New guidance for LEPs to embed arts and culture in Local Industrial Strategies
The Department for Digital, Culture, Media and Sport (DCMS) has issued a 'cultural checklist' for LEPs on how to include all DCMS sectors in their Local Industrial Strategies.
All Local Enterprise Partnerships have been asked by the Government to draft a Local Industrial Strategy. The Department for Digital, Culture, Media and Sport (DCMS) has published a Manual for Connected Growth to provide guidance on how to include all DCMS sectors in a Local Industrial Strategy.
DCMS and Arts Council England are working to support LEPs to embed the place-shaping power of arts and culture in Local Industrial Strategies. The checklist below sets out how LEPs should approach this:
- Do you understand the impact of arts and culture on growth?
There is a direct relationship between cultural assets and economic impacts. The cultural sectors are worth over £29 billion annually to the UK economy, accounting for over 600,000 jobs. The sector is growing fast, and has increased in value by 38.5% since 2010. As the jobs most resistant to automation, the cultural and creative industries are part of our future, and creativity will be an increasingly valued skill.
Culture makes places better to live, work and visit, and for businesses to invest. A strong cultural offer makes a place distinctive, and attracts high skilled workers and retains graduates, which in turn attracts firms and boosts employment opportunities. Culture is particularly important in creating clusters of creative businesses, which depend on the cultural sector in a creative ecology. Culture is also integral to tourism, and creates high footfall locations and strong community pride and identity.
2) Do you have strong cultural leadership in your LEP?
Cultural leadership is key. The Government strongly encourages the inclusion of cultural leaders in LEP decision making, including through Board membership or establishing a steering group. This helps a LEP to embed culture in their Local Industrial Strategy, and tell a story about what makes a place distinctive and attractive to live, work and invest.
A recommended steering group model is a ‘Culture Compact’. Compacts bring together a range of partners to embed culture in the life of a place, including in approaches to public health, education and criminal justice. We recommend forging cultural partnerships at all levels e.g. town, city, town, LEP and/or regional level.
3) Do you have a cultural strategy?
Place-making through culture requires a long term strategic view and investment, with strong leadership of cultural institutions and a community engagement plan so that culture has buy-in from the people. An example of a long term cultural strategies is New Anglia ‘Culture Drives Growth’. Arts Council England can provide support to LEPs in developing cultural strategies.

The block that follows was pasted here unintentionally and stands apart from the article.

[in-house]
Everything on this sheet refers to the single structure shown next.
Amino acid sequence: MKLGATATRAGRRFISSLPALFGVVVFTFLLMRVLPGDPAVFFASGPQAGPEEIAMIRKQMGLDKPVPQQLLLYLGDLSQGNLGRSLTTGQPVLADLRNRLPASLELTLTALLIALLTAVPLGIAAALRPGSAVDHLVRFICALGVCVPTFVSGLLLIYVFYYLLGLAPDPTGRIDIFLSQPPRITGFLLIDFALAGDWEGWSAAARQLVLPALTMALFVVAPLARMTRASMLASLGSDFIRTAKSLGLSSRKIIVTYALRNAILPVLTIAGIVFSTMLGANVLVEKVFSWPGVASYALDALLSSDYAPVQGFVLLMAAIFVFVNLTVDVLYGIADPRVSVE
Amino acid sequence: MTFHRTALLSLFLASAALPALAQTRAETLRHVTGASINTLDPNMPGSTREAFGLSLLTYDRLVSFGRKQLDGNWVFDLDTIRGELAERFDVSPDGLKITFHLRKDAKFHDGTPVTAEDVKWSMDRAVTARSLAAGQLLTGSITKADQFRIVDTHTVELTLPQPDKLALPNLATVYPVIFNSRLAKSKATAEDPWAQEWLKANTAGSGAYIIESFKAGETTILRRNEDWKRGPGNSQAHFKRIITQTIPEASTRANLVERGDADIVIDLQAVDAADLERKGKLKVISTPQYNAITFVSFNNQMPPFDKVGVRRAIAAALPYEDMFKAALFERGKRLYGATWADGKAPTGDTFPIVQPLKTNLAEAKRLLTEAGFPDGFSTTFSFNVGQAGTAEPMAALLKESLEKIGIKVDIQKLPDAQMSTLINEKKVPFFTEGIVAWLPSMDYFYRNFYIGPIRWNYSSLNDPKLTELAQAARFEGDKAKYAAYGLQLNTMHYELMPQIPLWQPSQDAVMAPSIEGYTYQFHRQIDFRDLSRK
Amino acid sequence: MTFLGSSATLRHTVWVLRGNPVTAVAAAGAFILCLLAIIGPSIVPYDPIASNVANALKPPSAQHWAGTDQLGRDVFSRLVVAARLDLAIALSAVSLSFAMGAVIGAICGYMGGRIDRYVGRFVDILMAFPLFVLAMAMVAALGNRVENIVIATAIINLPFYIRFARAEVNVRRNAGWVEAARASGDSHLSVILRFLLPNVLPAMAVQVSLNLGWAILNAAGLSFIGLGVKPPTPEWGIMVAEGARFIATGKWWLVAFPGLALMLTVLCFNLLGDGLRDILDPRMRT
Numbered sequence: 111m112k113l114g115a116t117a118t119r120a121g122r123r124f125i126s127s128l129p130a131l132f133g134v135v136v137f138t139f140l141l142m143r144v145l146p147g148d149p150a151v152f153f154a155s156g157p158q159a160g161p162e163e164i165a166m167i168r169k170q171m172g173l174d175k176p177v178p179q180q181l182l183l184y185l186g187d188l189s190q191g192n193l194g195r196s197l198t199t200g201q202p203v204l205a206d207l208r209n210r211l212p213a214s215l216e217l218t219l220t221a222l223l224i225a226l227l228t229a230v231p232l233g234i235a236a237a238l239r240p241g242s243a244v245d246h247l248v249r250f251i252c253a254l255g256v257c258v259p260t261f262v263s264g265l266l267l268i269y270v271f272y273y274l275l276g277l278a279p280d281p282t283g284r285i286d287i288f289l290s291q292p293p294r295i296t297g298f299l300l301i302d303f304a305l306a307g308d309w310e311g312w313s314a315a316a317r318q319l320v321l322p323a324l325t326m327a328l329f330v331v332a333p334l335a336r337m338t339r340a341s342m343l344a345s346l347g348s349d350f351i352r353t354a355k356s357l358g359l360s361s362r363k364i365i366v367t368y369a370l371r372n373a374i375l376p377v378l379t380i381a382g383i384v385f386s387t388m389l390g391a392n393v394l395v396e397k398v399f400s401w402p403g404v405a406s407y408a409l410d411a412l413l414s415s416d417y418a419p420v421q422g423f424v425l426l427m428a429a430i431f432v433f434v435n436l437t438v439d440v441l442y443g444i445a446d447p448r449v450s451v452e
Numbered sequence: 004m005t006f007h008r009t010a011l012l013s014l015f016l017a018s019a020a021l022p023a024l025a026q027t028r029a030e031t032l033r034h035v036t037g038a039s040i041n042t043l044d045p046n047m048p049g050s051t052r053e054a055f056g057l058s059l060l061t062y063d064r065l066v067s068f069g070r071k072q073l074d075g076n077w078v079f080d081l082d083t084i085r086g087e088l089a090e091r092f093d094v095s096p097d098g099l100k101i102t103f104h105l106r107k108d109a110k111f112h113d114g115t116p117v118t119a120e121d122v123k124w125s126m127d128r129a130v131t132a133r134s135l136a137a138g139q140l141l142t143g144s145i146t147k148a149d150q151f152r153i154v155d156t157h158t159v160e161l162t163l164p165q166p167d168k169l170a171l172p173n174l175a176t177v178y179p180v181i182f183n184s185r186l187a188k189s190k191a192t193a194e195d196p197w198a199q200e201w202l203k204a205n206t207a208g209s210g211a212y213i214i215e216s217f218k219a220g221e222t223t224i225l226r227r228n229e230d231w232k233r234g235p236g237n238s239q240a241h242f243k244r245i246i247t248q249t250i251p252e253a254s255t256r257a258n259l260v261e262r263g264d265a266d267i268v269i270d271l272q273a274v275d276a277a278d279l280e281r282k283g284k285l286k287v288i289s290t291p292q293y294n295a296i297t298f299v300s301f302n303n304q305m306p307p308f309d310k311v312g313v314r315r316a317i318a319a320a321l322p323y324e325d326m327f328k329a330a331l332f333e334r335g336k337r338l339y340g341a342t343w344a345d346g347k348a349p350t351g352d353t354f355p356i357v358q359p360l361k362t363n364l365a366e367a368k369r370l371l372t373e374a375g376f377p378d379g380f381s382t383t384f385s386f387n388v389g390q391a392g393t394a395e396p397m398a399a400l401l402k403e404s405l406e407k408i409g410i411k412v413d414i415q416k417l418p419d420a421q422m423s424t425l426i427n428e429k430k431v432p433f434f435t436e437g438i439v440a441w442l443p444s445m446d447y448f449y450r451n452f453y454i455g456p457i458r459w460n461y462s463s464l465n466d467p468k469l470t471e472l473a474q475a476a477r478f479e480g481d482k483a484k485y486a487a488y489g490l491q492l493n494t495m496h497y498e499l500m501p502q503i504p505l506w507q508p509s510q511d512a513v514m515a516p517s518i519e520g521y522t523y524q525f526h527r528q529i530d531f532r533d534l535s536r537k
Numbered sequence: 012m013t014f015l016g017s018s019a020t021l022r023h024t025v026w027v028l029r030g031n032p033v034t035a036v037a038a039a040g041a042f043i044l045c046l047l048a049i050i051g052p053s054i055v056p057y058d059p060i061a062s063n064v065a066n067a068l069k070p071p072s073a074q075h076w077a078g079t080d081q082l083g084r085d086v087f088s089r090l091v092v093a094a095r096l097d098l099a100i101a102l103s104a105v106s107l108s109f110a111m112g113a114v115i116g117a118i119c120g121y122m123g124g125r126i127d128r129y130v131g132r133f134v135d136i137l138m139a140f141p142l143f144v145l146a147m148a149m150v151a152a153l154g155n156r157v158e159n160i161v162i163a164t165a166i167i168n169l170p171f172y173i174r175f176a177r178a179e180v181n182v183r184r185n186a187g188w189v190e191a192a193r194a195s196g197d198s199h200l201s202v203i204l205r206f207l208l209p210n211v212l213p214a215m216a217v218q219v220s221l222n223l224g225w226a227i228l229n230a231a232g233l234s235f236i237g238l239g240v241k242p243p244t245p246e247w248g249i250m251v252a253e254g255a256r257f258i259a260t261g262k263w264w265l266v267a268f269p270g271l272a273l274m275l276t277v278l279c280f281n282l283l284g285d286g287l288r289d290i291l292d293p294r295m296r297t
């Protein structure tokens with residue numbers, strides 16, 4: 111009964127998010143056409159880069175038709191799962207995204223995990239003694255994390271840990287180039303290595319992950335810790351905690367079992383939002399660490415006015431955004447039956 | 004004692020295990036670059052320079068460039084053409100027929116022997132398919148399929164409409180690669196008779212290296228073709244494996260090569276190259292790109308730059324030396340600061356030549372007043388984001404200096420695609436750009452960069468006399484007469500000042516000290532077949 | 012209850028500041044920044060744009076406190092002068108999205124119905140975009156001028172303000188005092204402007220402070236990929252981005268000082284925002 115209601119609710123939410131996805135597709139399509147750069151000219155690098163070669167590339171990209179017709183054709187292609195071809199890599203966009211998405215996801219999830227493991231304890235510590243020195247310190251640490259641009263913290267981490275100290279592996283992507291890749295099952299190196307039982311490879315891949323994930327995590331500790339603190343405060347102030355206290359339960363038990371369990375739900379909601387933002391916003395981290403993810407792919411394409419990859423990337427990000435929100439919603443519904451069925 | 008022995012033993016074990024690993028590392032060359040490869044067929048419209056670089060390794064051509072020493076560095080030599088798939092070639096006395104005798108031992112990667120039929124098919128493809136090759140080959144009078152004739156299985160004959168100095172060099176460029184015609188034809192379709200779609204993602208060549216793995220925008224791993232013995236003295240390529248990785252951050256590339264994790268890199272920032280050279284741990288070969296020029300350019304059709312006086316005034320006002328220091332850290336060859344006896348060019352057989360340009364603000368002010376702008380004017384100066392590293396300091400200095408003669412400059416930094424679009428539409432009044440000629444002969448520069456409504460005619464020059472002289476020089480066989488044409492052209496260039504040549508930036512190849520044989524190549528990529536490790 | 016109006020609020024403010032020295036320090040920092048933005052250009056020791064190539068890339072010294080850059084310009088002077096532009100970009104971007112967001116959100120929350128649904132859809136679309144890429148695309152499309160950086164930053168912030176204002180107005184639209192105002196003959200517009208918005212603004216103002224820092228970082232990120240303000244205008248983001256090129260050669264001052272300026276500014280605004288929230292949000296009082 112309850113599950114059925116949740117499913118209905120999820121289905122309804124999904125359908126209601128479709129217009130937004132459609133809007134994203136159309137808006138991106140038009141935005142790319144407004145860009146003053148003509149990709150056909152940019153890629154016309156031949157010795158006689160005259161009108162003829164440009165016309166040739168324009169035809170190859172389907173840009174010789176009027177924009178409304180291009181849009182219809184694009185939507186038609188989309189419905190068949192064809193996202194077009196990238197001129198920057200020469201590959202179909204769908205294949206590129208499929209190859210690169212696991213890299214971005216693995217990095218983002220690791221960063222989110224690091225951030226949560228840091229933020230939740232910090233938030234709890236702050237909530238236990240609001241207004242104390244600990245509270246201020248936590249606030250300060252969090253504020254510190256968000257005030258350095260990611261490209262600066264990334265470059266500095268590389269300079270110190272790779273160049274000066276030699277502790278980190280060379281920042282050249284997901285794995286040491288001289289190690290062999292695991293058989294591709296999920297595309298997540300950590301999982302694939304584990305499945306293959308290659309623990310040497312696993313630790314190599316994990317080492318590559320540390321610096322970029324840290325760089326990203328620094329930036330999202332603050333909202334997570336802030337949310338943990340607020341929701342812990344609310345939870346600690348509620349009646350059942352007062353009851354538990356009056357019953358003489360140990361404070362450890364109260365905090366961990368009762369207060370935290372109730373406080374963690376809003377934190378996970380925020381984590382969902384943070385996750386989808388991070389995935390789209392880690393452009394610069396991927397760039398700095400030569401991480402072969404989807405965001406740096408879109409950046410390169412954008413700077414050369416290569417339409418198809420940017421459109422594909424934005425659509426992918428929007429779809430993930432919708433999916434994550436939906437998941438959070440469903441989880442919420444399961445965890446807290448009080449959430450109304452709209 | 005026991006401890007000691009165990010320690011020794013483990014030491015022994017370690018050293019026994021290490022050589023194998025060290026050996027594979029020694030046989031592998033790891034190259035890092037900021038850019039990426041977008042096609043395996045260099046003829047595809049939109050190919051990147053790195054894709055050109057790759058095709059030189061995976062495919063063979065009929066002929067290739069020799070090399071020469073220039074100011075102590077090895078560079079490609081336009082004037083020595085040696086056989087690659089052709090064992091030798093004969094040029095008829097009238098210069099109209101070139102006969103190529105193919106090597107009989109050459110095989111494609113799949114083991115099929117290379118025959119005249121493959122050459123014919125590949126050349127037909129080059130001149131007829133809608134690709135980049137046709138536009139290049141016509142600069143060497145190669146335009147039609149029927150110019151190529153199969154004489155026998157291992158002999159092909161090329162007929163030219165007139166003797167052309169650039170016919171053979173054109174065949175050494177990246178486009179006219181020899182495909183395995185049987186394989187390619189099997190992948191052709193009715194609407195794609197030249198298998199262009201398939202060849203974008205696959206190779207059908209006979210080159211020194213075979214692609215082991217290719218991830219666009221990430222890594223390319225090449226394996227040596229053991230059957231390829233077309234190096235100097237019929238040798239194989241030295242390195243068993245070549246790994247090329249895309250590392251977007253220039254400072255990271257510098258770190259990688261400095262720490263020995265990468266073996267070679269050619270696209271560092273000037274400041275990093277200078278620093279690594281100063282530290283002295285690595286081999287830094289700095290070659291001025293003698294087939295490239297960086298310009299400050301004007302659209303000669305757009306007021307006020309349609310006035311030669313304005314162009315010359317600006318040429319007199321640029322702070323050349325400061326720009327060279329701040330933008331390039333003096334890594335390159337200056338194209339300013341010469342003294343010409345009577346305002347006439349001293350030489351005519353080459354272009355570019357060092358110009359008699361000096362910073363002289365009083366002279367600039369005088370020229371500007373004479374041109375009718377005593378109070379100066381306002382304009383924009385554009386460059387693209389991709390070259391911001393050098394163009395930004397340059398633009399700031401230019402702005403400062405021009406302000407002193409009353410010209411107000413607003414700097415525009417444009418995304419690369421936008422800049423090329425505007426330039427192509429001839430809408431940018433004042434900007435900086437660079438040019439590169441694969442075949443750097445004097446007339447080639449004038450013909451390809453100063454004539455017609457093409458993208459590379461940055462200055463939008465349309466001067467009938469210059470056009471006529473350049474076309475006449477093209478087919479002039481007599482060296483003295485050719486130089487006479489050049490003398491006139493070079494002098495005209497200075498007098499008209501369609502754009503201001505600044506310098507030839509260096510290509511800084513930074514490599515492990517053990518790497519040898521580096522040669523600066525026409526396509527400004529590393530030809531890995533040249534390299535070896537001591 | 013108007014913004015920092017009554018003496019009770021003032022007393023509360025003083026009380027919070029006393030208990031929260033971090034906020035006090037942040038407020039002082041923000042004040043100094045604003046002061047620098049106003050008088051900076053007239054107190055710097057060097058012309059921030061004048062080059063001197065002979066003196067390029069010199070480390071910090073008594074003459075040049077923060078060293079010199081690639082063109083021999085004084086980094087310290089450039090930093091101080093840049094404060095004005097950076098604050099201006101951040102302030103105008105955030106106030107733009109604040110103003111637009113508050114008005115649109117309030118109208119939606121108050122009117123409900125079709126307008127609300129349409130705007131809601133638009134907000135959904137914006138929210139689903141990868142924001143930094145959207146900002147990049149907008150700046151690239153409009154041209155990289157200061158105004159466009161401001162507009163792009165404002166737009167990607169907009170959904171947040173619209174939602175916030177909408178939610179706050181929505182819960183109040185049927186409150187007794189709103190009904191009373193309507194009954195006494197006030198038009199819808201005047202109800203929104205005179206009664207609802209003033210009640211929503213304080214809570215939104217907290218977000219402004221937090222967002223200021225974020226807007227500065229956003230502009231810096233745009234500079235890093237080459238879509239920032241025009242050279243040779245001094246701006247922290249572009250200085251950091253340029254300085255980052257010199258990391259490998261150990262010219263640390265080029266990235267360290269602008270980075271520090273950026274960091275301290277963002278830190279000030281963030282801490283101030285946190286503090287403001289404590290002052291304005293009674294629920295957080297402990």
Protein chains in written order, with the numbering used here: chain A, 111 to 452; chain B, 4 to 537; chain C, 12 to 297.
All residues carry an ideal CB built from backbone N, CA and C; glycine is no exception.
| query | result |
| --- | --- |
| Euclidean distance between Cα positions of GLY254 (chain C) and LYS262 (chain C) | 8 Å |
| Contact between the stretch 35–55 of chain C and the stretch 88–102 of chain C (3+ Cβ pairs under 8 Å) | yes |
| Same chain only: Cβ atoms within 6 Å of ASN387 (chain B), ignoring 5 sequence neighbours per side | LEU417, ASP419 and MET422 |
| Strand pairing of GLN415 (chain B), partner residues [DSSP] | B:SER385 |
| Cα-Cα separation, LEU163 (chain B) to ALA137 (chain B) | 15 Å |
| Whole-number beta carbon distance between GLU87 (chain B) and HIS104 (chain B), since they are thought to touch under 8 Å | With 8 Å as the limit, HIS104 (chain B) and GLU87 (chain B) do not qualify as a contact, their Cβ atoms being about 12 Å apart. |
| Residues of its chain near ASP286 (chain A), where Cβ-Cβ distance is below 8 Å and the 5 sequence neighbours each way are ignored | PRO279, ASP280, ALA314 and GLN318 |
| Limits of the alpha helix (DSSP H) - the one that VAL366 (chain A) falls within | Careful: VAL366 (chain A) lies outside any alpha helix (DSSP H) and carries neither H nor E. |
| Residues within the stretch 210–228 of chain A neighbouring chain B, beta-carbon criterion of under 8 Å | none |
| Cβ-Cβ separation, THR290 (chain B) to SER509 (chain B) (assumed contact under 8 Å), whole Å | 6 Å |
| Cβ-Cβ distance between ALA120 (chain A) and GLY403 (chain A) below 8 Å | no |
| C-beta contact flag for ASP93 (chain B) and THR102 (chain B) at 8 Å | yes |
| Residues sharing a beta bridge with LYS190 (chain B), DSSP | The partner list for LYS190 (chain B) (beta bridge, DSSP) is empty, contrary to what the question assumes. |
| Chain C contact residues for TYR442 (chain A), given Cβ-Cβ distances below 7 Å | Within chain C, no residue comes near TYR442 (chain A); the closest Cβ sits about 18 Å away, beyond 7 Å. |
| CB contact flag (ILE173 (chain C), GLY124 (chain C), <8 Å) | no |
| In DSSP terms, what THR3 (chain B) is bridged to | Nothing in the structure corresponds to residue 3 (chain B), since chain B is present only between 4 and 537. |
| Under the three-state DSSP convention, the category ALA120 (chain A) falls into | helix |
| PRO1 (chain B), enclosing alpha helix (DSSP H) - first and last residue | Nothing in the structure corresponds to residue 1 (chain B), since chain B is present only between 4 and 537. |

4) Have you framed your investment decisions through place-making objectives?
The foundation of place-making is to embed culture as fundamental in a Local Industrial Strategy, and to take all strategic decisions (planning, housing investment, transport investment) with a view to create a place attractive to live, work and visit. To quote Darren Henley, CEO of Arts Council England, “You can build a motorway, but there needs to be something to turn off for”. Culture can attract and integrate new development to create a cohesive place and community. For example, we see great potential in the cultural programme around HS2, to ensure that this infrastructure asset is integrated into the fabric of places and has buy-in from communities.
5) What interventions deliver culture-led growth?
- Physical regeneration: The conversion of underused spaces into cultural venues or affordable spaces for creative businesses can rejuvenate areas, create footfall and attract business investment.
- One-off events: One-off events can be used strategically as part of a wider cultural plan, to boost an area through increased visitor spend and bring the community together through shared identity.
- Cultural programming: Ongoing cultural programming, for example pop-up performances in empty shops, increases the vibrancy of a place and attracts residents and visitors. Consider spreading the economic impact and cultural celebration throughout a LEP area with local celebrations e.g a Borough of Culture.
- Skills and inclusion: Trusted cultural institutions such as libraries and museums can effectively deliver skills, volunteering and public services to hard-to-reach groups. Community-led cultural activity promotes cultural belonging, which helps to inspire people and build a collective identity.
- Business environment: The cultural offer builds the business environment - culture is a pull factor for business location decisions, and areas with a culture, sport and heritage offer are more likely to see growth in creative industries. Concentrated cultural investment can create clustering effects, offering benefits of shared infrastructure, knowledge spillovers and innovation. Cultural institutions can assist SMEs to grow through small business support and commercialising IP - for example the British Library National Network.